Follow the Sun Day 4

Day 4, 17/7/2019 Wednesday, Eumungerie to Lightning Ridge, 8 – 18

An amble in Coonamble

We wake to blue skies and birdsong, northern birdsong. The thing I’ll miss the most when this caravanning life is over is the birdsong and how it changes as you move north.

Gilgandra looks tired, old rundown houses sadly in need of more than a coat of paint, poor fences and yards filled with rusting junk. The Castlereagh Highway is in better condition than the Newell and of course much quieter. It’s dry out here yet there are green grain farms the further we go.

We swing into Gulargambone for a coffee but the nice little cafe that we found last time is now closed, I do hope that’s not permanent. We’re now on a section of road that is new to us and that’s always a bit of a buzz.

We follow the line of the mostly dry Castlereagh River into Coonamble a town which is neat and tidy with wide footpaths and beds of flowers. Buildings sport Nickname Posters, caricatures of local identities which tells us that these folk are pretty friendly and don’t take themselves too seriously. The people we meet on the street are keen to chat or shout a cheery g’day.

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Coonamble Nickname Hall of Fame

Fluffy

Frank C Wooding

Frank Wooding was born a Leeton lad. He assumed his “Fluffy” persona as a skinny, blond haired youth when he sprouted hair down the sides of his face and from a mole on his chin. This temporarily made him the top entertainment among his 11 siblings and immunized him against other people’s opinions for life.

The thick skinned can thrive in Coonamble. With his fashionable head hankies and unusual clothing combinations, flaunting boundless body hair, Fluffy follows his own rules. He has been fencing, rabbiting and bar-tending from Quambone to Orange and back again. He has been both butcher and long time baker with his ‘fluffy’ pie-crusts the stuff of local legend. “Retired” from baking, the veteran left-hander spends his time golfing or driving his ice-cream van nicknamed “McFluffy” faster than most of the local kids can run.

Fluffy is also a hoarder. Among his collection – the urinal from the old Plaza Theatre. Why does he keep it when all of his offspring are female? You could ask Fluffy but why bother? He probably doesn’t know and doesn’t care.

The highway is good for another 50kms then becomes bumpy, farms become drier until they are just ploughed dirt waiting for rain. There are shimmering mirages to the horizon. Walgett is sad, most buildings, public and private, have security screens on the windows which gives the place a bad feel.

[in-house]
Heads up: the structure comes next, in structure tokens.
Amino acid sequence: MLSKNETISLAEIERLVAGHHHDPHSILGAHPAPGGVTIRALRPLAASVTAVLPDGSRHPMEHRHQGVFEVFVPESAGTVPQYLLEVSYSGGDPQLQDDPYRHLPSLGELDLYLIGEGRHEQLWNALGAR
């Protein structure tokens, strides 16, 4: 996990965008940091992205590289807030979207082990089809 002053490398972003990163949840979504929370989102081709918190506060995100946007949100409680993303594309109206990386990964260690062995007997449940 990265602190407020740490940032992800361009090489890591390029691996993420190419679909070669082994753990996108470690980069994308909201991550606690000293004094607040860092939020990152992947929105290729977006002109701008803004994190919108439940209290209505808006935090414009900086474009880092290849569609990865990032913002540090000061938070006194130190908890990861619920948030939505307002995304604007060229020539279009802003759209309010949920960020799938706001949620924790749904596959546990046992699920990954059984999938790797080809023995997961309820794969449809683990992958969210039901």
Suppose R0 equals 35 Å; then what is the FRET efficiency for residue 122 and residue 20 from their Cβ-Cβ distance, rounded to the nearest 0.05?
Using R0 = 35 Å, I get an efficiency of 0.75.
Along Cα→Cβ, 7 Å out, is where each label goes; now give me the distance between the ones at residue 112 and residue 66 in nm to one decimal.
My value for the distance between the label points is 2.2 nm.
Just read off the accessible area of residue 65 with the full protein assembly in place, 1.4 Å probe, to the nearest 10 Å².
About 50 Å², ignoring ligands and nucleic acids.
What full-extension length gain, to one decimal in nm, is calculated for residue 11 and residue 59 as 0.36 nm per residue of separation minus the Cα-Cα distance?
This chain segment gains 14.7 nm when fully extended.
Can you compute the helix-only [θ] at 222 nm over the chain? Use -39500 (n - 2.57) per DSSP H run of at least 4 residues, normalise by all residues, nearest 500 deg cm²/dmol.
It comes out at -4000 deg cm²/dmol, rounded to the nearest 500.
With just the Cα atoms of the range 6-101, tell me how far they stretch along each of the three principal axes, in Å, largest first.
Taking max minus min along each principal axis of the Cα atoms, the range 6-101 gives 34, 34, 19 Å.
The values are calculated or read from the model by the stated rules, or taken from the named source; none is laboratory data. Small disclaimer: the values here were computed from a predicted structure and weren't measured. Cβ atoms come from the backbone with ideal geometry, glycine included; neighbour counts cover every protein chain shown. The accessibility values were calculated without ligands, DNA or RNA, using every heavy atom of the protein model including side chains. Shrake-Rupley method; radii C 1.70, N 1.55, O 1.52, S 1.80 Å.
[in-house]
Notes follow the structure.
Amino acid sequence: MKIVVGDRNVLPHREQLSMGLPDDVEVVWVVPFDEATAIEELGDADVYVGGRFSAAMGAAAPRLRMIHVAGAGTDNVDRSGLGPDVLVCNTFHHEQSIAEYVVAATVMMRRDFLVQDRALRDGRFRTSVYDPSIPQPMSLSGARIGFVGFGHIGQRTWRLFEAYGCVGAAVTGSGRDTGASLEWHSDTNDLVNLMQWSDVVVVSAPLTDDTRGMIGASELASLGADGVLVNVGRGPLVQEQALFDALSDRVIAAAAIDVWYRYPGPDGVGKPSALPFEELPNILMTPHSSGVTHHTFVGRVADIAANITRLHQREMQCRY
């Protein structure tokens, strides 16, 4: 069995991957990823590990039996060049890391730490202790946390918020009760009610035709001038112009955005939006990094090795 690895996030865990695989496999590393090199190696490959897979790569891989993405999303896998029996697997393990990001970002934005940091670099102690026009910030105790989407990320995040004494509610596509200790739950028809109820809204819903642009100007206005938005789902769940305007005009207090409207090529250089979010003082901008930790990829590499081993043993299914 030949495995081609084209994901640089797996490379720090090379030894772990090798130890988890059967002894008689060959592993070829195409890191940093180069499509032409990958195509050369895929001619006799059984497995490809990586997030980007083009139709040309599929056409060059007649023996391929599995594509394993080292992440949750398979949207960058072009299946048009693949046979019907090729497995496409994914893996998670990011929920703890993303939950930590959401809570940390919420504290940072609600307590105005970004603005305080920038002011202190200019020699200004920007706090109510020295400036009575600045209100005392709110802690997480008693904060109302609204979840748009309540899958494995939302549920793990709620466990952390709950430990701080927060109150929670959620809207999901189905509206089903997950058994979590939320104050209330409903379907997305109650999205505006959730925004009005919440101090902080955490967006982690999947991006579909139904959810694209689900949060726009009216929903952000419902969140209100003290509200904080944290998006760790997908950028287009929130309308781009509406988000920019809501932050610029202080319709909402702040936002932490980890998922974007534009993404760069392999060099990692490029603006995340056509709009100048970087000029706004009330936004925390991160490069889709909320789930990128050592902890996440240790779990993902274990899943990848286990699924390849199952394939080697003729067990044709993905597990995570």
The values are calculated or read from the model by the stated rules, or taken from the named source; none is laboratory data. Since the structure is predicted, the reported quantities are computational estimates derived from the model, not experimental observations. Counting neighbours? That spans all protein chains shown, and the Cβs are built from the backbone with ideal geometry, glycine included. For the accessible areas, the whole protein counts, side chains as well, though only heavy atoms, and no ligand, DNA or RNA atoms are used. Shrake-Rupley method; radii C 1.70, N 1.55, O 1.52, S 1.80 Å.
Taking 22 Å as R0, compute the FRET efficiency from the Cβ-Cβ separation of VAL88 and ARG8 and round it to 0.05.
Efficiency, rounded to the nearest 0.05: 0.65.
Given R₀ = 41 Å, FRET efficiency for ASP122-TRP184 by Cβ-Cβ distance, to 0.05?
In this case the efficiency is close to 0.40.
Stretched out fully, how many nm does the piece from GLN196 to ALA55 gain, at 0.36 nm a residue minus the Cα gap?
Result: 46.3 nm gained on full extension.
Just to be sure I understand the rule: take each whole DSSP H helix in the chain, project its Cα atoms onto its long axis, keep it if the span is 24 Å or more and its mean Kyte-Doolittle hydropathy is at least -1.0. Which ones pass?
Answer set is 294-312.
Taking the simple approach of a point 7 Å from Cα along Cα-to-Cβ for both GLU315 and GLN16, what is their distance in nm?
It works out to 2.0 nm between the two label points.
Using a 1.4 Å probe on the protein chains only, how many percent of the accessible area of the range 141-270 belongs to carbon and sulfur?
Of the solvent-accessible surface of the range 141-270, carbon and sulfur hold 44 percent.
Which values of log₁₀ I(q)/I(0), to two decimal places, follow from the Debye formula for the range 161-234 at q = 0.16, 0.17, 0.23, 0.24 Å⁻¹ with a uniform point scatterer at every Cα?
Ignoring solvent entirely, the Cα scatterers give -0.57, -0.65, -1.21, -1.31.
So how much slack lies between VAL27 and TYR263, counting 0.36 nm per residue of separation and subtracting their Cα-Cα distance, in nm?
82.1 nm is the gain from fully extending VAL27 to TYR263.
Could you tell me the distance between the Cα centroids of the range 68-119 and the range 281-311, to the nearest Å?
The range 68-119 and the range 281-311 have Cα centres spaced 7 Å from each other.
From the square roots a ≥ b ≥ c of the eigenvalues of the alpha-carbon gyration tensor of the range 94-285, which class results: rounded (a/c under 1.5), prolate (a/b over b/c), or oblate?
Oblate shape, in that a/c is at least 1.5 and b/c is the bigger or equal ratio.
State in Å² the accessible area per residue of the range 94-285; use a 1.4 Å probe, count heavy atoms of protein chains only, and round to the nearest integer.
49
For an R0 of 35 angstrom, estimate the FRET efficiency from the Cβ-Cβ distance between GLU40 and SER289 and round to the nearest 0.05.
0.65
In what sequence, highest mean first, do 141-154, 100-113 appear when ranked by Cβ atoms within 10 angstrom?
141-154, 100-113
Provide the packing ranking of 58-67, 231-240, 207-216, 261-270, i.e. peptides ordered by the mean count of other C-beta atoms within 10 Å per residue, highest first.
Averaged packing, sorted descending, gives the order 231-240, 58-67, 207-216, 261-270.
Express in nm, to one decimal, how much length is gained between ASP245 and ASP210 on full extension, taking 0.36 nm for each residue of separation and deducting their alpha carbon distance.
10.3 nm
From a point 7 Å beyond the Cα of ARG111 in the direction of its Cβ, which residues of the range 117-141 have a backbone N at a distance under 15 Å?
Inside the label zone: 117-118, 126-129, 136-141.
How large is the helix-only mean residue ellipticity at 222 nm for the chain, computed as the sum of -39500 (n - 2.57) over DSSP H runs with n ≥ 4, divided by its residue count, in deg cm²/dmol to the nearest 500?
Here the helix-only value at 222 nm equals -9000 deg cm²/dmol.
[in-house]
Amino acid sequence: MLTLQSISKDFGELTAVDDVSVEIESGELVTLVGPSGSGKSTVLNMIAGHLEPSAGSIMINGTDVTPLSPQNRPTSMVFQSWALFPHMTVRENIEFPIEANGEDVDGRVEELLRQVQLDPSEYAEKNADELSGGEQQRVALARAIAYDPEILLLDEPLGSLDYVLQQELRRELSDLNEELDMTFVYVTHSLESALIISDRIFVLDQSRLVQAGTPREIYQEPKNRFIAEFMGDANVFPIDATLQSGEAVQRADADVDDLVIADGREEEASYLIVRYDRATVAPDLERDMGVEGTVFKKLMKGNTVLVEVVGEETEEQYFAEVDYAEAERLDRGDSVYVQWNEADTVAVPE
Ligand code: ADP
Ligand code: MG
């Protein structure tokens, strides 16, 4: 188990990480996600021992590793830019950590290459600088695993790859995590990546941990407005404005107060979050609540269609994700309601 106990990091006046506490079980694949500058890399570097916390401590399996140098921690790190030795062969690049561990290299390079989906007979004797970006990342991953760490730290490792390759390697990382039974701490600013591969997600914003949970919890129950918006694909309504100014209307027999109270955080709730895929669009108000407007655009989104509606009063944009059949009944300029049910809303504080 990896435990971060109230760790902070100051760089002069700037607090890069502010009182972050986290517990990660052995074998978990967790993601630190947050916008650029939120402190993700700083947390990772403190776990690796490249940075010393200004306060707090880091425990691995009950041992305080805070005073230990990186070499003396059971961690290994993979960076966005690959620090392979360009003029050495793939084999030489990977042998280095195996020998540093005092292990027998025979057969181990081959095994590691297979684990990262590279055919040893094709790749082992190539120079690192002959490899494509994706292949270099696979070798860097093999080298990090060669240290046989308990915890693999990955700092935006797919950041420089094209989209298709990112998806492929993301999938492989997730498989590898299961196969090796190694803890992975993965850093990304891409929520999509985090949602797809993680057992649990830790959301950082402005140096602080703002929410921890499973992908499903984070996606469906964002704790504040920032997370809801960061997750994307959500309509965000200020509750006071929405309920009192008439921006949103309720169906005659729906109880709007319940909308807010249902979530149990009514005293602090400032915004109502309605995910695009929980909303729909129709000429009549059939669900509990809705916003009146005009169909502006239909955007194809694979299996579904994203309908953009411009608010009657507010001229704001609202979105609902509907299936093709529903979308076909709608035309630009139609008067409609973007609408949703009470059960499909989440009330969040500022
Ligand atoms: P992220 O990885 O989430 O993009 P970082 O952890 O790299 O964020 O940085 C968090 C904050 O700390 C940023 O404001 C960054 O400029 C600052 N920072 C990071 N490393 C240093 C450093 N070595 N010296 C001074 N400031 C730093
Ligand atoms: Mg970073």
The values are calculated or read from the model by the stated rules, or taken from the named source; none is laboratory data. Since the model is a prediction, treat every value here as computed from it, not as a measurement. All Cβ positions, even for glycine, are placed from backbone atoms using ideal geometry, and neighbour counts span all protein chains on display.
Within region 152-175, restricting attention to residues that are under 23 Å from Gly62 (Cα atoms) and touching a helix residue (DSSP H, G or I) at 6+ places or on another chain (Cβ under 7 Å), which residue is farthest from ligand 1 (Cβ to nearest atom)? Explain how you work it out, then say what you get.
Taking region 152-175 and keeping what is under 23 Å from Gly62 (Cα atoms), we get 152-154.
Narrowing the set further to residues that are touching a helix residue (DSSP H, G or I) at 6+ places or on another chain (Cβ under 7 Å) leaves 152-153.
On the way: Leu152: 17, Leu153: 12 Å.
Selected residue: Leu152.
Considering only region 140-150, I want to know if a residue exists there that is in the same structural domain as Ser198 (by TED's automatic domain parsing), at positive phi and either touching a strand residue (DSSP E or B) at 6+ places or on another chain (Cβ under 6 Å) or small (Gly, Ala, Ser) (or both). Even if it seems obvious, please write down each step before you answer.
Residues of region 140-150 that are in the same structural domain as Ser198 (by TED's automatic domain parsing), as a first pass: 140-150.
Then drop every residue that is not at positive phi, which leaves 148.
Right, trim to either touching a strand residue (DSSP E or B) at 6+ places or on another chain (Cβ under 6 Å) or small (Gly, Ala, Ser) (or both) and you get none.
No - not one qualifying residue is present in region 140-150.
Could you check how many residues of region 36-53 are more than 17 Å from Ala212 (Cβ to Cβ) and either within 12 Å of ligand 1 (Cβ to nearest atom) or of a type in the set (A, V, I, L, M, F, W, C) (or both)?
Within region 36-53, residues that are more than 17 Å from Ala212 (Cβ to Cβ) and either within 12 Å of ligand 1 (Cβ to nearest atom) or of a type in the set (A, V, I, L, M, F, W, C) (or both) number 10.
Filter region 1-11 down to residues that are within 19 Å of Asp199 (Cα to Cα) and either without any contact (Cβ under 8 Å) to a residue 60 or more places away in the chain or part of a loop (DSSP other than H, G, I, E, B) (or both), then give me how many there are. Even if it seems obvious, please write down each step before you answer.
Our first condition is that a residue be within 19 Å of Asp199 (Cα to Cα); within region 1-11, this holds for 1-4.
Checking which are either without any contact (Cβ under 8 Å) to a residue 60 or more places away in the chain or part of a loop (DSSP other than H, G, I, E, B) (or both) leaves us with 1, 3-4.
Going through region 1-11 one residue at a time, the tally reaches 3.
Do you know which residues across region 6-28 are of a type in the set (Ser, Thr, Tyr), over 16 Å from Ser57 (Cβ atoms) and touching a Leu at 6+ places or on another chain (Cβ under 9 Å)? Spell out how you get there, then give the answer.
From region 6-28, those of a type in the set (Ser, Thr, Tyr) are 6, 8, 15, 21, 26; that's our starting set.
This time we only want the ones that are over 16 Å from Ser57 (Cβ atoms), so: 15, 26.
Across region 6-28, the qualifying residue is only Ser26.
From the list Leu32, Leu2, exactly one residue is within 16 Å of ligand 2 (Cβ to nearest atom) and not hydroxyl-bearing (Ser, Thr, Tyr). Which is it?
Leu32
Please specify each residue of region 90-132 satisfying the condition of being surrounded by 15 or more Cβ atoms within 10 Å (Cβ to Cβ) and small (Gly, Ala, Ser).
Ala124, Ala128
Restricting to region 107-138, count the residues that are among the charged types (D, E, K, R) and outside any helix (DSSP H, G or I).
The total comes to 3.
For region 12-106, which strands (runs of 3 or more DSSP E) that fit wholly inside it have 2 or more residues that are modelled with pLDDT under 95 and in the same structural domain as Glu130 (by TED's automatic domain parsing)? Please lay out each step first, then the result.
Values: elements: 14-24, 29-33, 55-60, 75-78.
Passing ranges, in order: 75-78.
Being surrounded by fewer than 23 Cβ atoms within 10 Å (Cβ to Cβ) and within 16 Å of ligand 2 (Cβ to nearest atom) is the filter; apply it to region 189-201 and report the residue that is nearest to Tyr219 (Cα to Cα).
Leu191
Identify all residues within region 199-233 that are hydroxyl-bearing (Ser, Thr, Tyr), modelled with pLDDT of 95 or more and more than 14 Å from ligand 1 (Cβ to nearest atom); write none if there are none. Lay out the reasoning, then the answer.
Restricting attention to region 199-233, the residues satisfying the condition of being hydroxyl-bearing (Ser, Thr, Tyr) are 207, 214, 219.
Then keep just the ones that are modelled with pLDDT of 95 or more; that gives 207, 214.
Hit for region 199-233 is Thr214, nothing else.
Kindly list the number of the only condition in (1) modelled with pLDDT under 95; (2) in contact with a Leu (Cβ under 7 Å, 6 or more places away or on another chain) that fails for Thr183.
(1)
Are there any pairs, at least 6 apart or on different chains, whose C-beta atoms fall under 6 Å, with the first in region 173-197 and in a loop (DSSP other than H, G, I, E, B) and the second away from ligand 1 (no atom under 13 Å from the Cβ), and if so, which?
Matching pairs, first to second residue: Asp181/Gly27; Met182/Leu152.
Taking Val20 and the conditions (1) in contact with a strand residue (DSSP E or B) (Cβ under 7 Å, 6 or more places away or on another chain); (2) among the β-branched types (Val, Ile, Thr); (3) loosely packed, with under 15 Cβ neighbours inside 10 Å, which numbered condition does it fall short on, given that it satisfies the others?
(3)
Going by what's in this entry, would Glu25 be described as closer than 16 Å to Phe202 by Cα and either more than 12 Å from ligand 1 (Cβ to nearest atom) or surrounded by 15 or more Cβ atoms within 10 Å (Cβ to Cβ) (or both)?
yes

Ploughing ever northwards it’s getting warm. There’s not a cloud in the sky and at last we’re peeling off the layers. It’s a real bonus to be sweating and not because of a fever. Of course Woody reckons that there is an invisible line across the country that defines when you can safely strip down to shorts and T shirts. We can’t see any livestock in the paddocks and there’s hardly any roadkill either. Even the prickly pear cactus looks dry and half dead. And just as we remark that we haven’t even seen an emu we see a large emu with a flock of chicks at heel (do emus have heels?) strolling along the fence line.

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North of Walgett, NSW

About 1:00 we pull into Lightning Ridge and the reception office at the Opal Caravan Park is full of campers checking in and there’s a queue of vans outside. The girls behind the desk are flat out but cheery, they’re used to the pace at this park. It’s good to be back here again. We quickly set up camp and race back into town for a few groceries as tonight we’re going to finally celebrate our birthdays. Yep, we reckon that we can face a bottle of wine! Back at camp we soak up the warm sun like a couple of lizards, mind you, we look as wrinkly as a couple of old lizards these days. Over at the impressive camp shed Bush poets Mel & Susie are putting on their show entertaining the nomads. We cook our traditional birthday Lup Yook (a Chinese dried pork) and fried rice outside on the stove as the sky turns breathtaking shades of pink and blue. Then a full moon rises over the machinery shed. The bottle of Prosecco is good too and we’re finally relaxing.

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Sundown over the mullock heaps, Lightning Ridge, NSW

Summary 319kms, power, water, toilets, showers, Accom $35.10

11 thoughts on “Follow the Sun Day 4

  1. This sounds like the perfect life to me and your trip through unpronounceable towns with made-up names just seems fabulous. Shame about the cafe closing but you must see that a lot as those places must really struggle to stay in business.

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    1. I must say that the Welsh do take the cake when it comes to unpronounceable names but I’m sure you’ll laugh in a few weeks when you see the name of the place we’re currently enjoying. We grey nomads try our best to bring extra business to these little towns but there’s only so many pies, coffees and beers that one can consume.

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  2. I wish we were heading for the sun! We had hail fall about an hour ago and it’s still sitting in pots etc. North is definitely the way to go at this time of year, hope you’re journey continues to be mechanically incident free.

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